Westgate Town Park.
Te Hauāuru Reserve.


As Auckland’s population increases the city is growing outwards as well as upwards. Westgate, a centre designed to serve a growing residential community in the west, now has a green heart comprised not just of Kopupaka Park, the World Architecture Festival winning project, but also of Te Hauāuru Reserve, a new recreational area for the growing township.

The site plan reveals the organisation of sub-spaces within the whole.

Te Hauāuru Reserve is an integrated green space that takes its design cues from the site’s location within the network of upper Waitematā inlets and streams and the history of the kauri forests that once covered the area.

In plan, Te Hauāuru Reserve is clearly structured. With its small amenity building, the entry plaza is a welcoming space that flows into enclosed lawns, a promenade, orchards, and other places that stimulate water-based play and recreation. The lawns, distinct within the park, are scaled for varied activities and defined by sculptural and functional seating edges. Level lawns can accommodate large gatherings; subtly sloping, more intimate lawns are tailored for picnics, rest. The large, northern lawn is suitable for concerts and markets. All are oriented to the northwest to capture the sun but benefit from the shade provided by new stands of trees.

Above Both digital and physical models were used in the design development of the landscape and architecture.

Right Seashells from the Waitematā are cast into the exposed aggregate concrete.

Developed in collaboration with local iwi, the park’s concrete seating edges and paved pathways were conceptualised as stream banks, with gaps between the banked walls ‘inlets’ to allow flows of people into and across the various areas. Inlaid with motifs of traditional tools and local shellfish, they tell a story about the place. The park’s organising spine, the tree-lined Maki Street promenade, continues the narrative. Paved with large, poured-in-place slabs, where seashells from the Waitematā are visible in the exposed aggregate, it flows around tree surrounds of permeable resin-bound aggregate, which are better suited to foster the growth of clusters of kohekohe and nīkau. The promenade is an interstitial space that mediates between ‘main street’ and park. It is able to accommodate markets and other events but in day-to-day use the variety of sheltered benches and seats provides resting options for those enjoying the setting.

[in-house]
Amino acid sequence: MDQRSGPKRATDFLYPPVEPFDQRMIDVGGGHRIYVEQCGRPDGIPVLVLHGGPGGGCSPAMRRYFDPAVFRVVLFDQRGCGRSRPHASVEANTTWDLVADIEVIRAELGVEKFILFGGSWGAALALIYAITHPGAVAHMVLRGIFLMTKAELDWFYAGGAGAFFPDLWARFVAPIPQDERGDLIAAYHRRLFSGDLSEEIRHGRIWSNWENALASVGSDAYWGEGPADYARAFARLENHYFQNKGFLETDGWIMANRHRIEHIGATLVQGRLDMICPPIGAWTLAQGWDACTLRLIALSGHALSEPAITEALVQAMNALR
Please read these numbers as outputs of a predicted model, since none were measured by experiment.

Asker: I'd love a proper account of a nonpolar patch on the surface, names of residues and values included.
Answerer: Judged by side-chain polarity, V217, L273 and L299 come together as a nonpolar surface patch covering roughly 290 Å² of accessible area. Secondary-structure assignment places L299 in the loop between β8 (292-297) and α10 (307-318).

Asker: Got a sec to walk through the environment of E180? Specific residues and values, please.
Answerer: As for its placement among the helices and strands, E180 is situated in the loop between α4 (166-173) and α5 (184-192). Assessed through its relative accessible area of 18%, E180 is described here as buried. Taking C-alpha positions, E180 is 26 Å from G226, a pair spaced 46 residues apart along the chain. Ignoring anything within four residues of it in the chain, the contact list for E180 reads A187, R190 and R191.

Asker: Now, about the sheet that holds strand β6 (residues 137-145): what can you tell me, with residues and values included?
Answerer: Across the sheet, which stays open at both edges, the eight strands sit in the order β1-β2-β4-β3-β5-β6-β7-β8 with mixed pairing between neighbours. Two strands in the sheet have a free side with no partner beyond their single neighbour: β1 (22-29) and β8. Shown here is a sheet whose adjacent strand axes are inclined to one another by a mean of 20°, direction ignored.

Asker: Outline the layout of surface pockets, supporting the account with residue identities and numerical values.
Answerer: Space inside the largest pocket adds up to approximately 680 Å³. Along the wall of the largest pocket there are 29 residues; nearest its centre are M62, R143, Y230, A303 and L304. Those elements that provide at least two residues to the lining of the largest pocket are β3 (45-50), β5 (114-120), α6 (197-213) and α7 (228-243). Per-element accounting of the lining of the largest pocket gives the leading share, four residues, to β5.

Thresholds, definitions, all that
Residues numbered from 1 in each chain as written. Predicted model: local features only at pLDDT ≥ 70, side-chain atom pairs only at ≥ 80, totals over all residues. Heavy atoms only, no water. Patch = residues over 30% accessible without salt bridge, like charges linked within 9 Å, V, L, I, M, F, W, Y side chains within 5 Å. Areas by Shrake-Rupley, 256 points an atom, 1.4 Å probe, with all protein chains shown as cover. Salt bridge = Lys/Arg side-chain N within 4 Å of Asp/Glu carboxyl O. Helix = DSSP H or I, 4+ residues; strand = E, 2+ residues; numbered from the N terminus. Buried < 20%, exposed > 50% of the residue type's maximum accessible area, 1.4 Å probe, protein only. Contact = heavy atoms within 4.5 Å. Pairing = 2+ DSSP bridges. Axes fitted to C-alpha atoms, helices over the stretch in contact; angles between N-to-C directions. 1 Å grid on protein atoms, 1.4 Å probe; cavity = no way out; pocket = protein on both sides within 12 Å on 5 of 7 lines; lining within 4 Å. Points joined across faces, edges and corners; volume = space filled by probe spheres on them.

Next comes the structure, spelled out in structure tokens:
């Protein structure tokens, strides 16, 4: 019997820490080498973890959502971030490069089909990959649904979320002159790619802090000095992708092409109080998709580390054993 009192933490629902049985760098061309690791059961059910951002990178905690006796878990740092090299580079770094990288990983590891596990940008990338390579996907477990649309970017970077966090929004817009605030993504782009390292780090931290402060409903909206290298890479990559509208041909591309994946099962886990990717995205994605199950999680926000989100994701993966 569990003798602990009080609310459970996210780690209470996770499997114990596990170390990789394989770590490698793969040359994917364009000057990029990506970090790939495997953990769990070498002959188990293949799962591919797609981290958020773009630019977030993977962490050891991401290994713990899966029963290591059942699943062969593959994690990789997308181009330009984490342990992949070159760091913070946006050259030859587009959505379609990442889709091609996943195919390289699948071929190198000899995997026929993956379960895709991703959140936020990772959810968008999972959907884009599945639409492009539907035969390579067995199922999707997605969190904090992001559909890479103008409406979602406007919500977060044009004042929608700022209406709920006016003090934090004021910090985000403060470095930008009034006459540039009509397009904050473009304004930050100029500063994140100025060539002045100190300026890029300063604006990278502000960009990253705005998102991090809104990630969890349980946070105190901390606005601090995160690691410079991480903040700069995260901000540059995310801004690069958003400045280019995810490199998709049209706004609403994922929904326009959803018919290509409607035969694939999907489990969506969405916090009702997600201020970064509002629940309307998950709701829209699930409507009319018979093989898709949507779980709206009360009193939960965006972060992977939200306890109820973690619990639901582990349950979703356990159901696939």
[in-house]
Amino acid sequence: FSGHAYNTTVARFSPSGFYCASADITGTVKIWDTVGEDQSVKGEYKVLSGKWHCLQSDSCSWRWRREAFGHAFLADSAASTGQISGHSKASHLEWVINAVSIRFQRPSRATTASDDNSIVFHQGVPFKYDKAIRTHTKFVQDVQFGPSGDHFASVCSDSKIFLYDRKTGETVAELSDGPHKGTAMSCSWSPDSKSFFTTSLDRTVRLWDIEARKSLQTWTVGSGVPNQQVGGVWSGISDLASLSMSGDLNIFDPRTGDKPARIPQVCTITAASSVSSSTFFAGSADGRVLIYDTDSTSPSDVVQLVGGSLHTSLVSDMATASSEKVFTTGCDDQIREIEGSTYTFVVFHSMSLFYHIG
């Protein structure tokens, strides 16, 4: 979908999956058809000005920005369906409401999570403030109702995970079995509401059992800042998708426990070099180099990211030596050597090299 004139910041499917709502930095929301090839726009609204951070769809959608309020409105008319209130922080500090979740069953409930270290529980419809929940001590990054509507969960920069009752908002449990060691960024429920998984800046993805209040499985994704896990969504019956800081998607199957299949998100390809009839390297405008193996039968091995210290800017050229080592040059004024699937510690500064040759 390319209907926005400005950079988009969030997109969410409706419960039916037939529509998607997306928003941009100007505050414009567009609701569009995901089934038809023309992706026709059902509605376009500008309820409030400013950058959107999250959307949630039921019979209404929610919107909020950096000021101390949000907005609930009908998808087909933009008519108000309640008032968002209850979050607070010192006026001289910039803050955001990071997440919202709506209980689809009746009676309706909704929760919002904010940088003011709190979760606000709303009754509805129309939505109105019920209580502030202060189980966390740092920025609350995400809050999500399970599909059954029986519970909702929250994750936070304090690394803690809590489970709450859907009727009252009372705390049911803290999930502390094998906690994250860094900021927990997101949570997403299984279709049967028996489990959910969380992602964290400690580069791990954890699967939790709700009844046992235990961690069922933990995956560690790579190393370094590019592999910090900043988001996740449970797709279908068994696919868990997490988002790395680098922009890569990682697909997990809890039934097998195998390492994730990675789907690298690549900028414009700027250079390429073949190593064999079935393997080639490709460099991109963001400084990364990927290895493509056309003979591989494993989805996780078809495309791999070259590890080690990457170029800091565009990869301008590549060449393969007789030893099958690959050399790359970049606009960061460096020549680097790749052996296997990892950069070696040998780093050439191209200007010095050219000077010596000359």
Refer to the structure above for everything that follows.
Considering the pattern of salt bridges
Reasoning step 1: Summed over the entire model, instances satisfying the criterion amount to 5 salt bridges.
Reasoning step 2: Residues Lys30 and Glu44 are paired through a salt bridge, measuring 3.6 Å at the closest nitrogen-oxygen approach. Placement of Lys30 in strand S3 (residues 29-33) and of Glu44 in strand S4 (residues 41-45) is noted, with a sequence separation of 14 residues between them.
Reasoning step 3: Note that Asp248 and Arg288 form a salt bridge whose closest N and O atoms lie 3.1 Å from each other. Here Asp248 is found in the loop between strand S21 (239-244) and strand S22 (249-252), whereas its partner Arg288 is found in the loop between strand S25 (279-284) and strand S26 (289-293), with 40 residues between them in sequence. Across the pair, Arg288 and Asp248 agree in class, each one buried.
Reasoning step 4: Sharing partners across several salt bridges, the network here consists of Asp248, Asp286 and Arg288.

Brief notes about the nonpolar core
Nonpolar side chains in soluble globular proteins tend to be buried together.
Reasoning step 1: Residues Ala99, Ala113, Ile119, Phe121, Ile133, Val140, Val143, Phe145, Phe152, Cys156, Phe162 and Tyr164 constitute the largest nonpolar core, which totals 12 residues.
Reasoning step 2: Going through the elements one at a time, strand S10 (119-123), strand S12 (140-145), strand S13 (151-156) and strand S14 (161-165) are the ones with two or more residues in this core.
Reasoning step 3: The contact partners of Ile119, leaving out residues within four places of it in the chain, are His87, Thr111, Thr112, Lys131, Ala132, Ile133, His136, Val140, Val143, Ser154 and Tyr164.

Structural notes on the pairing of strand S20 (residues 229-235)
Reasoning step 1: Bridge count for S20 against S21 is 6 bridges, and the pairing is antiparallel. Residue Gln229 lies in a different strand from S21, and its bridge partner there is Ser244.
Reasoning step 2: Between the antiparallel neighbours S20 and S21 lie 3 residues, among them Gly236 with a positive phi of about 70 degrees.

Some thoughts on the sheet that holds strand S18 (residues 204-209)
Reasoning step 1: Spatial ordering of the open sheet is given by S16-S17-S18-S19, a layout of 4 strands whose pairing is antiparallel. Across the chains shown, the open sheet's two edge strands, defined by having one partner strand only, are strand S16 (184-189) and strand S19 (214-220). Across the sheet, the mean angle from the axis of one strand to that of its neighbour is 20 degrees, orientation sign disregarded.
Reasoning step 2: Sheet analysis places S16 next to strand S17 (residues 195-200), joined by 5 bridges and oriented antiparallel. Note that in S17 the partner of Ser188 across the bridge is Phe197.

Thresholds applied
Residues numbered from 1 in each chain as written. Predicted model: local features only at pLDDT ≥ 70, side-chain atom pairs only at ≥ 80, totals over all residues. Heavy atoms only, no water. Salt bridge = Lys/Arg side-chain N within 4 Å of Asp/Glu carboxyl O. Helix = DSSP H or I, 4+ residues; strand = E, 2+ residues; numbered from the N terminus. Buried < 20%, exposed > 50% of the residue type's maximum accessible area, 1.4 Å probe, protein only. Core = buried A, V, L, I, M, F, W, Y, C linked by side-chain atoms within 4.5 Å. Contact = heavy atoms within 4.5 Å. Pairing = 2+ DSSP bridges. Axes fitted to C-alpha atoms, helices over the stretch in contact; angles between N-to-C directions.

From the park entrance and promenade extends a network of pedestrian paths –where the main paths meet, water from the clusters of jets laps over the stepped pavement surface, collecting in shallow pools. The form, pattern and text inlay etched into the base of these pools, and also applied to the sides of the seating plinths, is a subtle reference to the history of kauri in the area and to the imperilled future of Aotearoa’s mighty forest tree. The kauri imprint below our feet invites us to be aware of where we tread.

In close proximity to this water feature is an amenity building that houses two universally accessible WCs and a plant room. The building’s architecture speaks of permanence and permeability, lightness and mass, as well as the attributes of the wider landscape. Its materials are a combination of precast panels for solidity, timber framing for articulation, and a perforated aluminium rain screen that unifies the form. The design investigation into what the building could be was given impetus by the Māori kite, manu tukutuku or manu aute. Manu means both kite and bird, while tukutuku refers to the winding out of the line as the kite ascends. An abstraction of this concept can be seen in the organic patterning dispersed across the building – the perforations are symbols of the kite, simplified and laser-cut into the anodised-aluminium screen.

The sculpted form of the amenity building evolved in synergy with the surrounding landscape gestures.

Representation of manuaute (Māori kites) laser cut into the cladding of the amenity building.

Across the formal structure of the park there is a multi-layered planting scheme that blends native and exotic species to ensure a varied and changing botanical experience all year round. Along the western boundary, especially, a characterful herbaceous border comprised of native shrubs and groundcovers will soften the interface with planned housing, as the area expands to accommodate new residents.

Planting across the site expresses the transition from denser flowering shrub and fern-land along the forest margins to a sparser coastal edge, separated by a formal parkland with flowering bulbs and exotic trees.

Team Members
Grant Bailey, Sarah Bishop, Nada Stanish, Andrew Mirams, Azmon Chetty,
Past Team Members

Rebecca Jerram, Greta Christensen, Marita Hunt

Auckland Council

Lead contractor
Hawkins Construction

2020 SEGD Global Design Awards—Merit Award in Placemaking & Identity Category